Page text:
Cocaine-induced locomotor activity and Fos expression in nucleus accumbens are sensitized for 6 months after repeated cocaine administration outside the home cage

Authors

  • Bruce T. Hope,

    1. Behavioural Neuroscience Branch, Intramural Research Program, The National Institute on Drug Abuse, National Institutes of Health, Department of Health and Human Services, 5500 Nathan Shock Drive, Baltimore, MD 21224
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  • Danielle E. Simmons,

    1. Behavioural Neuroscience Branch, Intramural Research Program, The National Institute on Drug Abuse, National Institutes of Health, Department of Health and Human Services, 5500 Nathan Shock Drive, Baltimore, MD 21224
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  • Tim B. Mitchell,

    1. Behavioural Neuroscience Branch, Intramural Research Program, The National Institute on Drug Abuse, National Institutes of Health, Department of Health and Human Services, 5500 Nathan Shock Drive, Baltimore, MD 21224
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  • Justin D. Kreuter,

    1. Behavioural Neuroscience Branch, Intramural Research Program, The National Institute on Drug Abuse, National Institutes of Health, Department of Health and Human Services, 5500 Nathan Shock Drive, Baltimore, MD 21224
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  • Brandi J. Mattson

    1. Behavioural Neuroscience Branch, Intramural Research Program, The National Institute on Drug Abuse, National Institutes of Health, Department of Health and Human Services, 5500 Nathan Shock Drive, Baltimore, MD 21224
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Dr Bruce T. Hope, as above.
E-mail: bhope@intra.nida.nih.gov

Abstract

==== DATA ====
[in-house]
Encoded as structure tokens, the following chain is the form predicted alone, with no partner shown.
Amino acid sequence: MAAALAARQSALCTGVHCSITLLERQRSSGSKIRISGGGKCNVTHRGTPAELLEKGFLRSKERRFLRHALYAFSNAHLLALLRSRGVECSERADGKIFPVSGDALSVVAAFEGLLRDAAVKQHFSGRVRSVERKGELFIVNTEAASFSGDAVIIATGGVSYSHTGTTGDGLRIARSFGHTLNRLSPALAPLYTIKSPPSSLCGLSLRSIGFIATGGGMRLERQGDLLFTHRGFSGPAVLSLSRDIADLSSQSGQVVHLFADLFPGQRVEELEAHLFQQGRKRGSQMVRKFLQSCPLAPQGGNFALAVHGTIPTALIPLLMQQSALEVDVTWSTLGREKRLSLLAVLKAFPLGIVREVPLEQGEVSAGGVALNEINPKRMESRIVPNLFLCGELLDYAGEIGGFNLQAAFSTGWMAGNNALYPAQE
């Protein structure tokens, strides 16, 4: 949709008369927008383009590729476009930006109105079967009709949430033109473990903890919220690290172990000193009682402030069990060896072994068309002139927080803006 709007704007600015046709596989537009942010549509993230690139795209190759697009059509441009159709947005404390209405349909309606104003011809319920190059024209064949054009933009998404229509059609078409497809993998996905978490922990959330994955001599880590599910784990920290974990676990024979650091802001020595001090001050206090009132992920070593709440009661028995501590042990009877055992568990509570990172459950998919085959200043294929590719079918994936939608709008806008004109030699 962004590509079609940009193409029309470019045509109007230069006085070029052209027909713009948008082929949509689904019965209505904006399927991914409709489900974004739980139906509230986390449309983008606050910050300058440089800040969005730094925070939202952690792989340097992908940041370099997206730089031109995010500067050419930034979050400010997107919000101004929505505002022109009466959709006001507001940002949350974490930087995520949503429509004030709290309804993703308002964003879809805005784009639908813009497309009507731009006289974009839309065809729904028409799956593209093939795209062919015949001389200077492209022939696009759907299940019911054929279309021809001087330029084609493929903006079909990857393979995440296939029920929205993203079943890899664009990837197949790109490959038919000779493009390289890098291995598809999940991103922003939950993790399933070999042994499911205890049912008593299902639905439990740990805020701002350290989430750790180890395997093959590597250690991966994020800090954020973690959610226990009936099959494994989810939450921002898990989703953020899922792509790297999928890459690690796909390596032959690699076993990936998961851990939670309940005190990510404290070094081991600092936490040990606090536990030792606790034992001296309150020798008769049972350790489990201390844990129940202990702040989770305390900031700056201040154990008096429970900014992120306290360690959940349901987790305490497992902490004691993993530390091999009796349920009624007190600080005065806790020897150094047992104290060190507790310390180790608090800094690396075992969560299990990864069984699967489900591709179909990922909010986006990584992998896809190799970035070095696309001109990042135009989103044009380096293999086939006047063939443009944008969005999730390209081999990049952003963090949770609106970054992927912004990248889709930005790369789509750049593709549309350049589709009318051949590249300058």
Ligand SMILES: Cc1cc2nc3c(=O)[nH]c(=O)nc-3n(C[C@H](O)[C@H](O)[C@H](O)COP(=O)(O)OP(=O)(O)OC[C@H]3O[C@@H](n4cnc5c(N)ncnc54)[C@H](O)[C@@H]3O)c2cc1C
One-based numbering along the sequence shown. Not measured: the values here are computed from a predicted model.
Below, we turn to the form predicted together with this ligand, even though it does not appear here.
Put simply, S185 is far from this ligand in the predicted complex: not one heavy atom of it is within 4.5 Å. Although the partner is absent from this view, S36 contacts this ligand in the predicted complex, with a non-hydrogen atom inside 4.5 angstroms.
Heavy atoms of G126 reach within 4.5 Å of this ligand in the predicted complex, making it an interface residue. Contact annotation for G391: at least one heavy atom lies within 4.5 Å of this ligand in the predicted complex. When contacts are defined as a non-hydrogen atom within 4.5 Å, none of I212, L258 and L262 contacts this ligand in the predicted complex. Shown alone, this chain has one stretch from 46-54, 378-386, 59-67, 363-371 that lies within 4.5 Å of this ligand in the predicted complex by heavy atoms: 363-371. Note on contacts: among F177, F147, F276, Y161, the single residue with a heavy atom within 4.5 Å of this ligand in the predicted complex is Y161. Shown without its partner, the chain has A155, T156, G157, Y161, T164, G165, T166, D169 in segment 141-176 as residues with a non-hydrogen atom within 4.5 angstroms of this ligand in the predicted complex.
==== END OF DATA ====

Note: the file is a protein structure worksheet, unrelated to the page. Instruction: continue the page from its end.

Induction of the immediate early gene protein product Fos has been used extensively to assess neural activation in the striatum after repeated cocaine administration to rats in their home cages but rarely after repeated administration outside the home cage, which produces more robust locomotor sensitization. In the present study, we found cocaine-induced Fos expression in nucleus accumbens, but not caudate-putamen, was enhanced 1 and 6 months after repeated drug administration in locomotor activity chambers. Double-labelling of Fos protein and enkephalin mRNA indicated that Fos expression in nucleus accumbens was enhanced in enkephalin-positive, but not enkephalin-negative, medium spiny neurons. In contrast, cocaine-induced Fos expression was absent altogether in nucleus accumbens and unaltered in caudate-putamen 1 month after repeated cocaine administration in the home cage. As cocaine-induced locomotor activity was also enhanced 1 and 6 months after repeated cocaine administration in locomotor activity chambers, we wanted to confirm that neuronal activity in nucleus accumbens mediates cocaine-induced locomotor activity using our particular treatment regimen. Bilateral infusions of the GABA agonists baclofen and muscimol (1 µg/side) into nucleus accumbens of sensitized rats blocked cocaine-induced Fos expression and locomotor activity. Thus, while neuronal activity in both D1- and D2-type neurons in nucleus accumbens can mediate acute cocaine-induced locomotor activity, the enhanced activation of enkephalinergic D2-type neurons suggests that these latter neurons mediate the enhancement of cocaine-induced locomotor activity for up to 6 months after repeated drug administration outside the home cage.

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